While focusing upon Jesus’s compassion for the widow in this passage might seem desirable, focusing instead on Jesus’s prophetic and divine visitation activity is preferable and more far-reaching. In Jesus’s life and ministry, the true voice of Yahweh himself is heard, and the saving eschatological deeds of Yahweh come on the scene. This is confirmed by the following pericope, namely, the question of John the Baptist put to Jesus through the former’s disciples. Note Jesus’s answer in 7:22. These are the very deeds that Isaiah said would come to pass when Yahweh himself comes to his people personally (see especially Is 26:19; 29:18; 35:5–6). Our text conveys this awesome truth—that in the resurrecting by Jesus of the young man at Nain, the eschatological reign and rule of God broke into our world—into history. Amazing! We might say that it broke in proleptically, that is, ahead of time, before the full end/consummation of all things = the age to come. Furthermore, it broke in as a kind of foretaste; that is, not all the dead were raised. (Indeed, the young man died again, even as did Lazarus [Jn 11] and Jairus’s daughter [Mk 5], two other foretastes). Jesus himself rose triumphant from the grave on Easter morning, which was also a proleptic manifestation of the eschatological reign and rule of God, but now as a full manifestation of the age to come, that is, he arose never to die again. And we are guaranteed to participate in that fullness, we who have been baptized into Christ and have put on Christ (Gal 3:27). In the resurrection of the young man at Nain and in our Lord’s resurrection, then, our own resurrection at the full implementation of the age to come is assured.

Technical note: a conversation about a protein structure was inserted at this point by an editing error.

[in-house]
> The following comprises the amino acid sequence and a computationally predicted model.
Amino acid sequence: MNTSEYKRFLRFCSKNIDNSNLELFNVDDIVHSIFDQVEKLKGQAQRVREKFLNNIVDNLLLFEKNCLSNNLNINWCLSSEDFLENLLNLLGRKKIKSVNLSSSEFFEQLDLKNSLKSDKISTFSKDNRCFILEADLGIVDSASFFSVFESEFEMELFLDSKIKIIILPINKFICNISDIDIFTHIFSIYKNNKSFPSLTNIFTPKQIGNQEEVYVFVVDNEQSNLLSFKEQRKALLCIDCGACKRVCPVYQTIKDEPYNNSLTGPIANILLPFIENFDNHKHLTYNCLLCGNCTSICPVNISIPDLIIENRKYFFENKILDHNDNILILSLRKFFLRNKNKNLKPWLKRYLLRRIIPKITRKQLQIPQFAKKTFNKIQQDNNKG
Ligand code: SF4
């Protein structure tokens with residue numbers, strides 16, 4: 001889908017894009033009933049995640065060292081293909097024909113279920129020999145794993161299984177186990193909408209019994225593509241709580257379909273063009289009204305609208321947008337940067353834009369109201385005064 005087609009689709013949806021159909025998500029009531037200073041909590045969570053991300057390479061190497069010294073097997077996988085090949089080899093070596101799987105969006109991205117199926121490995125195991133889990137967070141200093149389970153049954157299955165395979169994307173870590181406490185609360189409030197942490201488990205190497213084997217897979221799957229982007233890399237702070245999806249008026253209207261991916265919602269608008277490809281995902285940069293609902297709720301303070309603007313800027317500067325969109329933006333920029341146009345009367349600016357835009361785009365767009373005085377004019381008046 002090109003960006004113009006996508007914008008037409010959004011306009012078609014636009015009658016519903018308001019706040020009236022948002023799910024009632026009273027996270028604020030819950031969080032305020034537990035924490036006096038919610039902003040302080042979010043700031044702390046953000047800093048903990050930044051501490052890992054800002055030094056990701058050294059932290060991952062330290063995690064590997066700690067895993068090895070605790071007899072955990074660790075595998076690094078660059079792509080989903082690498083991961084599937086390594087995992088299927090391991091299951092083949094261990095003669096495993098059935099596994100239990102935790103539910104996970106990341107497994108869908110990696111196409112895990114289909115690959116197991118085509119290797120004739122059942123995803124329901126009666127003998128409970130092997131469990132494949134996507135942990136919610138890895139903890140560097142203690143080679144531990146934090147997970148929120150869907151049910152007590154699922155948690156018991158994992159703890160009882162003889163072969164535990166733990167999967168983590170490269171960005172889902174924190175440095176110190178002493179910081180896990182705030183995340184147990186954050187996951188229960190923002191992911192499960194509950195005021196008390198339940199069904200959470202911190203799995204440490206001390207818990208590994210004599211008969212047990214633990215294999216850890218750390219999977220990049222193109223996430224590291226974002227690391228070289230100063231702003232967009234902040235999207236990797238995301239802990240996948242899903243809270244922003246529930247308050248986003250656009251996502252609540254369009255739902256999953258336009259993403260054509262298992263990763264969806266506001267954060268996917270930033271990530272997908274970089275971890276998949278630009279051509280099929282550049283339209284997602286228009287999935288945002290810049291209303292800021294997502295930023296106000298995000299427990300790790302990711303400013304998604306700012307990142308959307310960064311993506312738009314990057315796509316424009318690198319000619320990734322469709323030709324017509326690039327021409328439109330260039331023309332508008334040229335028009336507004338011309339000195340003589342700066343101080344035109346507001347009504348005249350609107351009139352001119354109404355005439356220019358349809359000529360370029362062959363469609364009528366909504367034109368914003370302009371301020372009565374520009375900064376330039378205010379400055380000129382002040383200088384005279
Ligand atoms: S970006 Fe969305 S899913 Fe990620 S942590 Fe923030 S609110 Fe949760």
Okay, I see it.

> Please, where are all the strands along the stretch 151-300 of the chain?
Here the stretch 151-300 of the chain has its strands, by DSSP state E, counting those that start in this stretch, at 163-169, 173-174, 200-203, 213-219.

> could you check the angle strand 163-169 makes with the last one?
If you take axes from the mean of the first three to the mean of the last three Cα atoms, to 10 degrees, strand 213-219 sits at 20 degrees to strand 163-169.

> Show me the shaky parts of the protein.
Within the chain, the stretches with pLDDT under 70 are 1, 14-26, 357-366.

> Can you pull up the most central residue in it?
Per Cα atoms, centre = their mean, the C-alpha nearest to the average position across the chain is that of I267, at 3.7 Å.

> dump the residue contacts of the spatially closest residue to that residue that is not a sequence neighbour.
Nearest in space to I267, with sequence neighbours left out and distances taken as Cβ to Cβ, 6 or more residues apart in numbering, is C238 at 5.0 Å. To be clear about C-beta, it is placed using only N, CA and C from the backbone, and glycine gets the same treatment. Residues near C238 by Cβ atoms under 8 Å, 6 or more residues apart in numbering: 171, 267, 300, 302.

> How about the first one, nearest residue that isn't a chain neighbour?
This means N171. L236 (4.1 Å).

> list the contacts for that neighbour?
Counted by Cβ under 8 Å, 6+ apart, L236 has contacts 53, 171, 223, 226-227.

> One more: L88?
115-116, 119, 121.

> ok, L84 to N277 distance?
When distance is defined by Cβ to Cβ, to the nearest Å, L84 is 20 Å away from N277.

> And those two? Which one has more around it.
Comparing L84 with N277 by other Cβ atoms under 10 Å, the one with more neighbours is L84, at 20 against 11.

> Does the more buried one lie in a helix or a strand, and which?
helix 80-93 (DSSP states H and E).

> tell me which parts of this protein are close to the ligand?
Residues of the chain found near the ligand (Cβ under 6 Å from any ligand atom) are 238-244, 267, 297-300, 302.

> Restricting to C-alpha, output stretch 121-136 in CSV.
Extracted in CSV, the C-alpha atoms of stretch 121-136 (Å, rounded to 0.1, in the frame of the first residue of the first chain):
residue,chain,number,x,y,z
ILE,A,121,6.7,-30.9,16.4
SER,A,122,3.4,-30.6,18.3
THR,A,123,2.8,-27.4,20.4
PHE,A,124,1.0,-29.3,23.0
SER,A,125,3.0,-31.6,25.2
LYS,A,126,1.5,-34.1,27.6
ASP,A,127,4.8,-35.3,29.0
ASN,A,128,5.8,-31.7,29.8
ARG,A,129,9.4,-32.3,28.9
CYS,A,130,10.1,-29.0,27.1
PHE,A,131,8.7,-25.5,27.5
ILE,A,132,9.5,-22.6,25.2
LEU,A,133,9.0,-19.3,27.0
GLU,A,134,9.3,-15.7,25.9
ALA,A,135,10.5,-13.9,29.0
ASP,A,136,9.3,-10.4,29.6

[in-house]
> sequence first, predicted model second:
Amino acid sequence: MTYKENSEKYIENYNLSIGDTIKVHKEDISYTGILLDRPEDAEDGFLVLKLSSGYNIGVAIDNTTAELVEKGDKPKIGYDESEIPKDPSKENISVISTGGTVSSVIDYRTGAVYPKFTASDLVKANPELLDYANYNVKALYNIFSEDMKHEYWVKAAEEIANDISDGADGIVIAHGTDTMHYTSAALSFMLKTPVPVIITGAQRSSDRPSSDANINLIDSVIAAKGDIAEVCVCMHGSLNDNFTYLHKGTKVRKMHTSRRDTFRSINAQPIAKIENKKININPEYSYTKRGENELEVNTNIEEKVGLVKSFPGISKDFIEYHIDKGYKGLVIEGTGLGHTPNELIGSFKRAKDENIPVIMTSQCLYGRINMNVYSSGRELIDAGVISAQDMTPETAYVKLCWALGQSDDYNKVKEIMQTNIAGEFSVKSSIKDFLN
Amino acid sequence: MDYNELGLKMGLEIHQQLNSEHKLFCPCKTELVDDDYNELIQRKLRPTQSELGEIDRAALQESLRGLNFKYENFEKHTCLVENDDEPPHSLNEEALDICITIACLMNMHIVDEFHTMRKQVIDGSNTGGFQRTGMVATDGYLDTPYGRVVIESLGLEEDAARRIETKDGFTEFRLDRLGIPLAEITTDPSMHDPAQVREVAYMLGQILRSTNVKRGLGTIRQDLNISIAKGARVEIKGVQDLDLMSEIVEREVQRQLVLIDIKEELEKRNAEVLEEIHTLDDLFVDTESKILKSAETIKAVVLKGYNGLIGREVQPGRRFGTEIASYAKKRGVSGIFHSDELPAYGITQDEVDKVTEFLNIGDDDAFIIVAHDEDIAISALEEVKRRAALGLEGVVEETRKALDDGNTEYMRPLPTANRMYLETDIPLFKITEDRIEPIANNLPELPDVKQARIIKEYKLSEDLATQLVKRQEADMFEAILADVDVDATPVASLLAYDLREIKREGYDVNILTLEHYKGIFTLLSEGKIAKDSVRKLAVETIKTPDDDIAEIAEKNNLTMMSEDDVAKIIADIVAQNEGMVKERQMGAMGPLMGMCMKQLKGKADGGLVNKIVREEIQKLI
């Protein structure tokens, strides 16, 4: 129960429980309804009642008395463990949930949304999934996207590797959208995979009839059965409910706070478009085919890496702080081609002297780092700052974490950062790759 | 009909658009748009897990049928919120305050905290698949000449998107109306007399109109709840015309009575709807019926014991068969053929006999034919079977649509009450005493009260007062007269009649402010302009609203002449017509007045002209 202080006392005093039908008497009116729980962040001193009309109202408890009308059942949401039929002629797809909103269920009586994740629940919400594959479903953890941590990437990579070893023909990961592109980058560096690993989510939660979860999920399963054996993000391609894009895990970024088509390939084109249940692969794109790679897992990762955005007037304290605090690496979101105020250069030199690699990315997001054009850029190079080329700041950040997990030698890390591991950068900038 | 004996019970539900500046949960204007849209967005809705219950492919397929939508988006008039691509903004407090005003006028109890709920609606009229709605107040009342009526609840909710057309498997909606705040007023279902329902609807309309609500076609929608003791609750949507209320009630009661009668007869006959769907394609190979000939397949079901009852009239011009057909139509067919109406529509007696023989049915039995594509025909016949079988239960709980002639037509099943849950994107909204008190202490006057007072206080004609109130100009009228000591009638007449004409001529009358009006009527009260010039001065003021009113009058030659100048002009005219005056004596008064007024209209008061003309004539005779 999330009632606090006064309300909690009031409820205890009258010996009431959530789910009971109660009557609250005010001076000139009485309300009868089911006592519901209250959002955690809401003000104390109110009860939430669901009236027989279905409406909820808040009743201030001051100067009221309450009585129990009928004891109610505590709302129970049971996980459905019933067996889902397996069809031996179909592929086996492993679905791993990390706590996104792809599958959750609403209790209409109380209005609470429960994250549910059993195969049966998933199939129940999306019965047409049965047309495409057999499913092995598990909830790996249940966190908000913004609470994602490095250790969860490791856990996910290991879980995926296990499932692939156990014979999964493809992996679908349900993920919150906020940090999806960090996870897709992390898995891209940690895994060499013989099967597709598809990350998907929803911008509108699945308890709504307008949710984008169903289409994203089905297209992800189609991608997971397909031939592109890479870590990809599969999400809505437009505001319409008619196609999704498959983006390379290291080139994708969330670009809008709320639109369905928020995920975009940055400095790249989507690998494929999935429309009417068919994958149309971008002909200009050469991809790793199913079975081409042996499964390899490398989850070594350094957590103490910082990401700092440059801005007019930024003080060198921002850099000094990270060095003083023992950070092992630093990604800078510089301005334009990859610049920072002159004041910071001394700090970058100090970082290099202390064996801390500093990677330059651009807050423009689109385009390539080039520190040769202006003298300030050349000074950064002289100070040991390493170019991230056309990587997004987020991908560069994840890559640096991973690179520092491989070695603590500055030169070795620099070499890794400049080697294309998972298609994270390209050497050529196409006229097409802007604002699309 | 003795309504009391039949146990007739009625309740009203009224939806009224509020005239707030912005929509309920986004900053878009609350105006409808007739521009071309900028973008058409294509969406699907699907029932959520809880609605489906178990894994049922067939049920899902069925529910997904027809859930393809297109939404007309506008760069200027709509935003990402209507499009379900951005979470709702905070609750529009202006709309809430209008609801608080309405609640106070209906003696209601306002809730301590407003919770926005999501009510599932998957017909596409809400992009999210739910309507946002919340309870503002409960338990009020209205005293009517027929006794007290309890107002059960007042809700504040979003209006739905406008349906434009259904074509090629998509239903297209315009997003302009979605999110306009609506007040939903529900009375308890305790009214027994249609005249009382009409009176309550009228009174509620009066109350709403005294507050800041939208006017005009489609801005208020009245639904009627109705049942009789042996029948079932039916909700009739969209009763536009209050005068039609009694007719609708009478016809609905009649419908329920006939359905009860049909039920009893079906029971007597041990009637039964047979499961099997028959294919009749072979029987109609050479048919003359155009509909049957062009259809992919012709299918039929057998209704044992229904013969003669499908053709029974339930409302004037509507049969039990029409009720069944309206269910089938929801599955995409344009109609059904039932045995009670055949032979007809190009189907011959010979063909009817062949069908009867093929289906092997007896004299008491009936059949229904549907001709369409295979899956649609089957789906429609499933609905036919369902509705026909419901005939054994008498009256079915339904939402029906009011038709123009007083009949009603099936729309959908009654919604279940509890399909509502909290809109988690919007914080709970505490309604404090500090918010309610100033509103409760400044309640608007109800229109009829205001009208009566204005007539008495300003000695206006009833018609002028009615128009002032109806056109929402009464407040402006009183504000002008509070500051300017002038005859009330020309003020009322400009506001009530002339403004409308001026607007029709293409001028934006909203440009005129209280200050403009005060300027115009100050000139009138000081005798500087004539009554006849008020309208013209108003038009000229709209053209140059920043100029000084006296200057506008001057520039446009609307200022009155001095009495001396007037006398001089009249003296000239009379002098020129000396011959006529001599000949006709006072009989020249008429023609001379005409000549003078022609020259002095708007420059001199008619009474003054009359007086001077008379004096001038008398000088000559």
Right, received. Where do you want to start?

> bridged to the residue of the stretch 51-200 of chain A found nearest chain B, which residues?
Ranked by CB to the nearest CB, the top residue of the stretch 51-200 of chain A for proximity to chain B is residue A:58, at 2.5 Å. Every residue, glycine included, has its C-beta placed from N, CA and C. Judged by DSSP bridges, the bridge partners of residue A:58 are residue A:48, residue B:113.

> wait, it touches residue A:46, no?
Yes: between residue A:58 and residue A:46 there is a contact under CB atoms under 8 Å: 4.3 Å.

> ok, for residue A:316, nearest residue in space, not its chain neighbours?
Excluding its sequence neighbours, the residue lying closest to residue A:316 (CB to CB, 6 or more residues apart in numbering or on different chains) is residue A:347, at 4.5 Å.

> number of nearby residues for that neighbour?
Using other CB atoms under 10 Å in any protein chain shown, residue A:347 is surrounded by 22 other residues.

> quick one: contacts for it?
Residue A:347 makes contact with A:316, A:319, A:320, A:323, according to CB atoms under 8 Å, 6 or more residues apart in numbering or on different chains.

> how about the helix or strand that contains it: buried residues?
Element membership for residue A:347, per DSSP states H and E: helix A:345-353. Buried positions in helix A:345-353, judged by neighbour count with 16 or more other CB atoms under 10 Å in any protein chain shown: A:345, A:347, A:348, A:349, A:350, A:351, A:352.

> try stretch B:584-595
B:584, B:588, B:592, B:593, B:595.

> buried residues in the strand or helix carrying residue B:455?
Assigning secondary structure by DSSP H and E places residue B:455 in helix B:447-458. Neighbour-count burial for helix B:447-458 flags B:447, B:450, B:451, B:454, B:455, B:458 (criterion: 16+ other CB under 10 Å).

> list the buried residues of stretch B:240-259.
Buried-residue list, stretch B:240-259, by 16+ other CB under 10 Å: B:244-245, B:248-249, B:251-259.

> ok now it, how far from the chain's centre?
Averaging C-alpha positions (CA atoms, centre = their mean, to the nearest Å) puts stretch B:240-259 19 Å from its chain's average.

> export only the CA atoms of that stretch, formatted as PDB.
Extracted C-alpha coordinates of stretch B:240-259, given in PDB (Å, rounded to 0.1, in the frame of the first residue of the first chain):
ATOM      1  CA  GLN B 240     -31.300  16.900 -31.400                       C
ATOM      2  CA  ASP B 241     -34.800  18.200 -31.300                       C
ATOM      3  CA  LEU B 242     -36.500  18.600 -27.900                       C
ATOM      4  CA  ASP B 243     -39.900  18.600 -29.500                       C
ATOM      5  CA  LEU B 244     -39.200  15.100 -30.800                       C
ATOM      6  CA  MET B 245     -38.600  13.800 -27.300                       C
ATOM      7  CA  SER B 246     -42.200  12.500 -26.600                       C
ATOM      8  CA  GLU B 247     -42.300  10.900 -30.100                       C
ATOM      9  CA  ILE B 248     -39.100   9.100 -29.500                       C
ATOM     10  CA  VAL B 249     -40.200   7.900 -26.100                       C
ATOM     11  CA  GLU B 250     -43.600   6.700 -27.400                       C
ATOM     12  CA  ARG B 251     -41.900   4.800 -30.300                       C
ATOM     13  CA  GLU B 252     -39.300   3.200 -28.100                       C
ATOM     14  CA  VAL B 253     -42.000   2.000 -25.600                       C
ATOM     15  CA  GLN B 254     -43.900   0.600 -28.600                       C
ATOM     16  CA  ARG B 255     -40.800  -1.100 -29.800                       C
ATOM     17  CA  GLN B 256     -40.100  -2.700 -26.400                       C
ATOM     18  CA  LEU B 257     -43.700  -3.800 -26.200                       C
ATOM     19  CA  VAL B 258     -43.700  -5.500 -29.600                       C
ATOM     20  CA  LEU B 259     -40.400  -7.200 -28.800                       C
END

(For further discussion of the proleptic coming of the eschatological reign and rule of God in the person, life, ministry, death, and resurrection of Christ, see Voelz, What Does This Mean?: Principles of Biblical Interpretation in the Post-Modern World, Addendum 11–B.)